Union City, CA asked in Criminal Law and Juvenile Law for California

Q: How badly can minors get punished for a felony. I just want to know how bad the situation can get and what to do, advice

A couple of my friends, 3 to be exact. Went to an elementary school to goof around. Then they found an open classroom and went in and they found a bunch of expensive tech but they didn’t steal anything . They were in this room for about 20-30 minutes. Then suddenly cops start showing up and chasing them, they ran for a solid 3-4 minutes until they were eventually caught. Then the cops sat them down, handcuffed them and tossed them in a bigger car, kinda like a swat car but not really. Then they were taken to the police station and they got there finger prints scanned. Now there facing burgarly and trespassing which is a felony I think. 2 misdemeanors in vandalism and “running from a cop”?. I’m not to sure about those the details are very iffy.

I want to know how badly the possible consequences if they beat the case, and if they don’t. What type of lawyer they should get, and what type of court case it will be. And can they still have a future/ go to college.

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1 Lawyer Answer
James L. Arrasmith
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  • Criminal Law Lawyer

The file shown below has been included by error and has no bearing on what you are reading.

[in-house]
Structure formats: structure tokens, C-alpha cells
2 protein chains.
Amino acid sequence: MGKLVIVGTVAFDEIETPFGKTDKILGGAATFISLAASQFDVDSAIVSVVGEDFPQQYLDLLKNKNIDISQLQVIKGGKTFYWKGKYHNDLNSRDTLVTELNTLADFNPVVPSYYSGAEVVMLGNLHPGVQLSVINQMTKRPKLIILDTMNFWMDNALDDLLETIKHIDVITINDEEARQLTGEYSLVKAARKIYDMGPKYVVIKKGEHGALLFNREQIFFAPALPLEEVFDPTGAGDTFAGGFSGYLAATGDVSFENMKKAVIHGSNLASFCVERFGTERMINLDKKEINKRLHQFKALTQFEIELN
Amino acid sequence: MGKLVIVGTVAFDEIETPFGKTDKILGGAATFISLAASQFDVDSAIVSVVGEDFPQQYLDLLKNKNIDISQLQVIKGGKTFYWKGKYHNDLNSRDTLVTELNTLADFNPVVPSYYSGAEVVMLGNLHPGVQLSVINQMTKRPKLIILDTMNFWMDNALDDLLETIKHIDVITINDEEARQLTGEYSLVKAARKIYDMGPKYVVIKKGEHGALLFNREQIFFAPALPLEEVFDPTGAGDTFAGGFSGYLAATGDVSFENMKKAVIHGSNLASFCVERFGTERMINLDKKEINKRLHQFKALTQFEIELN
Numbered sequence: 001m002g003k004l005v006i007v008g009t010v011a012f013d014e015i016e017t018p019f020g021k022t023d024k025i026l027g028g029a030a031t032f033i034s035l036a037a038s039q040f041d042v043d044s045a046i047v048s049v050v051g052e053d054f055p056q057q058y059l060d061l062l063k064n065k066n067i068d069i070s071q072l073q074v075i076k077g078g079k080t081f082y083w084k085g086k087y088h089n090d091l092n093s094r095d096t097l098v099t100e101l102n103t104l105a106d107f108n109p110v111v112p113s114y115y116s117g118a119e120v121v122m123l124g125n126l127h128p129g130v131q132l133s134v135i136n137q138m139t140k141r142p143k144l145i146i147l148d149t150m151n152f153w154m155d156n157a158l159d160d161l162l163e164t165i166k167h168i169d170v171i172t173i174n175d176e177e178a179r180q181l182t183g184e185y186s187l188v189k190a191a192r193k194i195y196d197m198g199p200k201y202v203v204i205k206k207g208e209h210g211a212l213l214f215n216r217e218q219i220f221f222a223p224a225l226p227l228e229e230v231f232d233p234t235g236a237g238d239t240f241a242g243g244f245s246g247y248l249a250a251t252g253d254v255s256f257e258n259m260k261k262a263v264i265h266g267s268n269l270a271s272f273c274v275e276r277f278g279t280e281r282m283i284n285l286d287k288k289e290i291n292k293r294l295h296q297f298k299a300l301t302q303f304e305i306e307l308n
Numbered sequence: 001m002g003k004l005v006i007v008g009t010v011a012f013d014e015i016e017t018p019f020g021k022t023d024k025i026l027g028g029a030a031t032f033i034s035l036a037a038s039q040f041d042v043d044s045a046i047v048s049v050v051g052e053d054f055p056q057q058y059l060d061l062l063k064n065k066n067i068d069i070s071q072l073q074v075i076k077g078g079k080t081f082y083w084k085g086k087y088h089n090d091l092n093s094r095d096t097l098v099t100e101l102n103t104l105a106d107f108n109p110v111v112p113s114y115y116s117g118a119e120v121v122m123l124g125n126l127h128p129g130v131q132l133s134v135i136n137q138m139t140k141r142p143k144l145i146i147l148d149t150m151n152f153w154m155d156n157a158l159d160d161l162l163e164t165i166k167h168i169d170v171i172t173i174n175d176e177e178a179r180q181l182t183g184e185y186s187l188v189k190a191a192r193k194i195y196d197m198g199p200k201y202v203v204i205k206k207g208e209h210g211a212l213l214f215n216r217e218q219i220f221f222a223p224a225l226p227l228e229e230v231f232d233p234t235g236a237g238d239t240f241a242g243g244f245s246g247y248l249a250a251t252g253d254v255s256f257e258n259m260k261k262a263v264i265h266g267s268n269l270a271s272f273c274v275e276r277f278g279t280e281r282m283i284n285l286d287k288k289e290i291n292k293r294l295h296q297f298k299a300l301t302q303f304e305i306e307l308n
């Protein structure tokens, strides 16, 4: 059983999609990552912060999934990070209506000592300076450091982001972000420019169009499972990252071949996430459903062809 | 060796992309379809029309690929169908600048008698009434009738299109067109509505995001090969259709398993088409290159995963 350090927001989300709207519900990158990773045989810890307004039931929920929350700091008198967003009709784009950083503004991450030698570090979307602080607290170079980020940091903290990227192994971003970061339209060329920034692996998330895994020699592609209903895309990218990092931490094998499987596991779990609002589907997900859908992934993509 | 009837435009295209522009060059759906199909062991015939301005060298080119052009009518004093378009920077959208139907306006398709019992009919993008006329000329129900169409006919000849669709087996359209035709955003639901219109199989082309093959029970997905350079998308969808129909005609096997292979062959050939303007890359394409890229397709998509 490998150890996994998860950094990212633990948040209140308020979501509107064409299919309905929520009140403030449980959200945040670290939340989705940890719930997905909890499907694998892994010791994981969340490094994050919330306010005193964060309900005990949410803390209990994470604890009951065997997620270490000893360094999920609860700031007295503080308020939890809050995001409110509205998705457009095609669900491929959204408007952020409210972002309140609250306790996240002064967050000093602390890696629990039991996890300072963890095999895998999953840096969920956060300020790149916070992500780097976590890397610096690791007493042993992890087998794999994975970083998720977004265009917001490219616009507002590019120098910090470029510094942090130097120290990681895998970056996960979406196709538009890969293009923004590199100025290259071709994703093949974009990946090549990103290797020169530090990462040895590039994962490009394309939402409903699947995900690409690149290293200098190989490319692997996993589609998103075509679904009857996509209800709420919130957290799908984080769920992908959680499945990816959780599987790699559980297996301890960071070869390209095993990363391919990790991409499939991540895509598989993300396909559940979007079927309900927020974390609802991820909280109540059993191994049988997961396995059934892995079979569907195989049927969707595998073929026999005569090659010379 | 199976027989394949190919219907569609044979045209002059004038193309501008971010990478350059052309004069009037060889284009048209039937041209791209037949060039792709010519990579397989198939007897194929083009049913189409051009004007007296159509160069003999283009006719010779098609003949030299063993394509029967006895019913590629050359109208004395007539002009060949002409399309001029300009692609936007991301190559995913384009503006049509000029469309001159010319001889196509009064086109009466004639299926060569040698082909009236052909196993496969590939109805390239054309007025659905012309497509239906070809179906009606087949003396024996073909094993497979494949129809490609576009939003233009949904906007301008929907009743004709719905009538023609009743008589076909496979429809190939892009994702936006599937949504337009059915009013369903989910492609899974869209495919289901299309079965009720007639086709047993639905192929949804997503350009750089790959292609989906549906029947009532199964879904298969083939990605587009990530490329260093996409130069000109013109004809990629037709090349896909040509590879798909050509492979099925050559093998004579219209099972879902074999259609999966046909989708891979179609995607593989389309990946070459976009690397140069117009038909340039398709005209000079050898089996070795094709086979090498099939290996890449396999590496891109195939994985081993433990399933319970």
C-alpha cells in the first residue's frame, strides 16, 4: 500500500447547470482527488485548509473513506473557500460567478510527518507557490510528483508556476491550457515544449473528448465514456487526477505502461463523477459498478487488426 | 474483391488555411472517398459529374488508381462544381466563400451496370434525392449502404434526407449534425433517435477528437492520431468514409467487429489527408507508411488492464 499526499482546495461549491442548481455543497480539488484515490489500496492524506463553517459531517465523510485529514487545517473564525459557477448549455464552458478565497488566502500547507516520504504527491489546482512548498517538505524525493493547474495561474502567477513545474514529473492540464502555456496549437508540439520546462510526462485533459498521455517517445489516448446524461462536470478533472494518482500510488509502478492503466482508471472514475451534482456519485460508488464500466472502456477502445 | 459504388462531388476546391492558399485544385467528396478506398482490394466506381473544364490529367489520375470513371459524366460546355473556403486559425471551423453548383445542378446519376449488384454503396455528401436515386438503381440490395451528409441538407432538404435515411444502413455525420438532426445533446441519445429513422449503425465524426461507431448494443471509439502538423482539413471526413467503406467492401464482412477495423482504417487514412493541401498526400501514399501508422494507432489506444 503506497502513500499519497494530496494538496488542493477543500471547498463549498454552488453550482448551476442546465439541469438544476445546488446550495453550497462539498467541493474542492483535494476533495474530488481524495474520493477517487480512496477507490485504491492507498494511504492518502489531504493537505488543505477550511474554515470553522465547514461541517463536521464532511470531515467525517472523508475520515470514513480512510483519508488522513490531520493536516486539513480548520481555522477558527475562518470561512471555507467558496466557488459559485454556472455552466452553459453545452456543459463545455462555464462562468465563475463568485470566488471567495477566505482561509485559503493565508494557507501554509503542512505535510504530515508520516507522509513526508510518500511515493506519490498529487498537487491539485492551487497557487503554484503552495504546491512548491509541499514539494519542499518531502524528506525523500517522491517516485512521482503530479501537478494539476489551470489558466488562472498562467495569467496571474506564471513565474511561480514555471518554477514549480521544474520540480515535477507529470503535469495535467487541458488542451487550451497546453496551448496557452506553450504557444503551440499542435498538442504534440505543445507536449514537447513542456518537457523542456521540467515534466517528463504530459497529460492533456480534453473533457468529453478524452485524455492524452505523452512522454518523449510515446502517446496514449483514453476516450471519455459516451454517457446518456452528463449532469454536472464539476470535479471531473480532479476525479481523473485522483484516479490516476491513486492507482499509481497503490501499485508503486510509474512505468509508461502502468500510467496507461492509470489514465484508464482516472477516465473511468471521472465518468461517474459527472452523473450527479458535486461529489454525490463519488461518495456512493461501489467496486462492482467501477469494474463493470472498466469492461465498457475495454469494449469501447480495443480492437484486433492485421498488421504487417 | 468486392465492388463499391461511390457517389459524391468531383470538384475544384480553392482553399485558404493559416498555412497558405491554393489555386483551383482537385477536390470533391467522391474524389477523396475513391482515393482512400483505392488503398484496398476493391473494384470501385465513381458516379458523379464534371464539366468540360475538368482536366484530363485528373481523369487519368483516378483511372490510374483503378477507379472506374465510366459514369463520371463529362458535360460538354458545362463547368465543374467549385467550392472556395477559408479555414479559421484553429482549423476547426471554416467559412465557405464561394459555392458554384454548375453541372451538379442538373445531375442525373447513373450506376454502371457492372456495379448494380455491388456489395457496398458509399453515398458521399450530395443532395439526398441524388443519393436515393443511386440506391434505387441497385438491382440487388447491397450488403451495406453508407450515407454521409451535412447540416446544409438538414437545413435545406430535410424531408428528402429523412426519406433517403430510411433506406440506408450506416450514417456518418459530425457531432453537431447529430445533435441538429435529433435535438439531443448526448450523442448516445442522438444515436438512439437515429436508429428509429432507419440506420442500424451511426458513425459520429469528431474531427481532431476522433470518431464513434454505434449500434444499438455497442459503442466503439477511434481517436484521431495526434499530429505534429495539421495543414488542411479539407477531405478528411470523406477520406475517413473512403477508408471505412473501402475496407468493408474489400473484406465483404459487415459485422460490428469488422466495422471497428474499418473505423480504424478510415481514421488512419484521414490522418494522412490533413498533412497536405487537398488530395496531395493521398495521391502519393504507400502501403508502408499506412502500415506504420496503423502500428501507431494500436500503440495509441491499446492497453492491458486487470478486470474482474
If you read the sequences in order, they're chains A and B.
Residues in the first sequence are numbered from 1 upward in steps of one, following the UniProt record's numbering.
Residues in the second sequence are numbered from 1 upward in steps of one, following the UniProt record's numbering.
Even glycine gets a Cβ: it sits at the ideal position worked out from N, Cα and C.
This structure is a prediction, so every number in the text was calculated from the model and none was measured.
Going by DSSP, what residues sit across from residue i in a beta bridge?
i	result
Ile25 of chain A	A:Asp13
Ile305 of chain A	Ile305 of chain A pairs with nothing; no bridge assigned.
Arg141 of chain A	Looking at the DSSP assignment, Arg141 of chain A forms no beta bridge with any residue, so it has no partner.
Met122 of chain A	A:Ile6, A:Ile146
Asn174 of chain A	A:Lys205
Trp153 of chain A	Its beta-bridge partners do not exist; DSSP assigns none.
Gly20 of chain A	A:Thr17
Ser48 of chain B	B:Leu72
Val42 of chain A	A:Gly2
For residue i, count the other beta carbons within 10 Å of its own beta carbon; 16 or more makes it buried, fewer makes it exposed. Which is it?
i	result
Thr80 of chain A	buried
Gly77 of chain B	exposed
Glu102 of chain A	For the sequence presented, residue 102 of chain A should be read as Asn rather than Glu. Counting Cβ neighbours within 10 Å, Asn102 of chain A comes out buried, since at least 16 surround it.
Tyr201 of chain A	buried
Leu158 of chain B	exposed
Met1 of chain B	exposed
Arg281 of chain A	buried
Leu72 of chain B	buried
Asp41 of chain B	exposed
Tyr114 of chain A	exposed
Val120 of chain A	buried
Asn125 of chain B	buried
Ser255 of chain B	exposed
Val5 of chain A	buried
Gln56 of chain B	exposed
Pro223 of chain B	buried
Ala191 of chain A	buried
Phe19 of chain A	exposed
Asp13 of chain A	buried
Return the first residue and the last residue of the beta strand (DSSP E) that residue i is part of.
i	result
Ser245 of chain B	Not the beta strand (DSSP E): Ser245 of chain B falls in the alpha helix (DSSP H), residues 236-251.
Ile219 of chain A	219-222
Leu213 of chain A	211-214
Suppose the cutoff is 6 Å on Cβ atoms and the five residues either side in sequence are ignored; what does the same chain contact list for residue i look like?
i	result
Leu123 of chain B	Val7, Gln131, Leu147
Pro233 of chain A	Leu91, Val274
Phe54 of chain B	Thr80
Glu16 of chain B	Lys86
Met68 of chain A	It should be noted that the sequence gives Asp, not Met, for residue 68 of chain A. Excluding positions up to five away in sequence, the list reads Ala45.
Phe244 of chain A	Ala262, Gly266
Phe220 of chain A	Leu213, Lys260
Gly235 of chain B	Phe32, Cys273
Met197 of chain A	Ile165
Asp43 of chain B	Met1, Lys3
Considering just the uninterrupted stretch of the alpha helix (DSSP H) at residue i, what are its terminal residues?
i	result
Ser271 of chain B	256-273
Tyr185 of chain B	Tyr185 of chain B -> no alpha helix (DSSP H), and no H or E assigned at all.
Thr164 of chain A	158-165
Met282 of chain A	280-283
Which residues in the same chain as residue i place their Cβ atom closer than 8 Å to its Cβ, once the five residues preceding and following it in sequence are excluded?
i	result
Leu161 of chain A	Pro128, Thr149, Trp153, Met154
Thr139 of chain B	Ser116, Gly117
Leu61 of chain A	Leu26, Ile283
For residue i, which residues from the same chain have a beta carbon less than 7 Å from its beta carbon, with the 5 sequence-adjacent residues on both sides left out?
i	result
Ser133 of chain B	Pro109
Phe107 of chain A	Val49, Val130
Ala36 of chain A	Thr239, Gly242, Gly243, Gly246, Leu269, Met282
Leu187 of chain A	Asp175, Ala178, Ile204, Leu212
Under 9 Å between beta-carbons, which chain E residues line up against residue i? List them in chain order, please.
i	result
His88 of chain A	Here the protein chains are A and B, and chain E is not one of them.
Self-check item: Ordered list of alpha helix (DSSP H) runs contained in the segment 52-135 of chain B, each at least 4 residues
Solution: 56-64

• Sacramento, CA
  • Licensed in California

A: Under California law, minors who commit felonies can face serious consequences, but the focus is often on rehabilitation rather than punishment. The severity of the consequences depends on factors such as the nature of the crime, the minor's age, and their prior criminal record.

Possible consequences if they are found guilty:

1. Juvenile detention: They may be sentenced to time in a juvenile detention facility.

2. Probation: The court may place them on probation with strict conditions, such as attending school, counseling, and community service.

3. Fines and restitution: They may be required to pay fines or restitution for any damages caused.

4. Criminal record: A juvenile criminal record can impact future employment, college admissions, and housing opportunities, although these records are usually sealed.

If they are not found guilty, they will avoid these consequences, but the arrest may still appear on their record.


1. Hire an experienced juvenile defense attorney who specializes in cases like this. A public defender will be provided if they cannot afford a private attorney.

2. Encourage them to cooperate with their attorney and be honest about the events that transpired.

3. Gather evidence and witnesses that can support their case, if any.

4. Emphasize their remorse, lack of prior offenses (if applicable), and willingness to make amends.

5. Consider a plea bargain if offered, as it may result in reduced charges or a more lenient sentence.

The case will likely be heard in juvenile court, which is separate from adult criminal court. If they are found guilty, they may still be able to attend college, but they should be prepared to explain the situation on applications and interviews.

It's crucial for your friends to take this situation seriously, learn from their mistakes, and focus on making better choices in the future. With the right support and guidance, they can overcome this setback and move forward positively.

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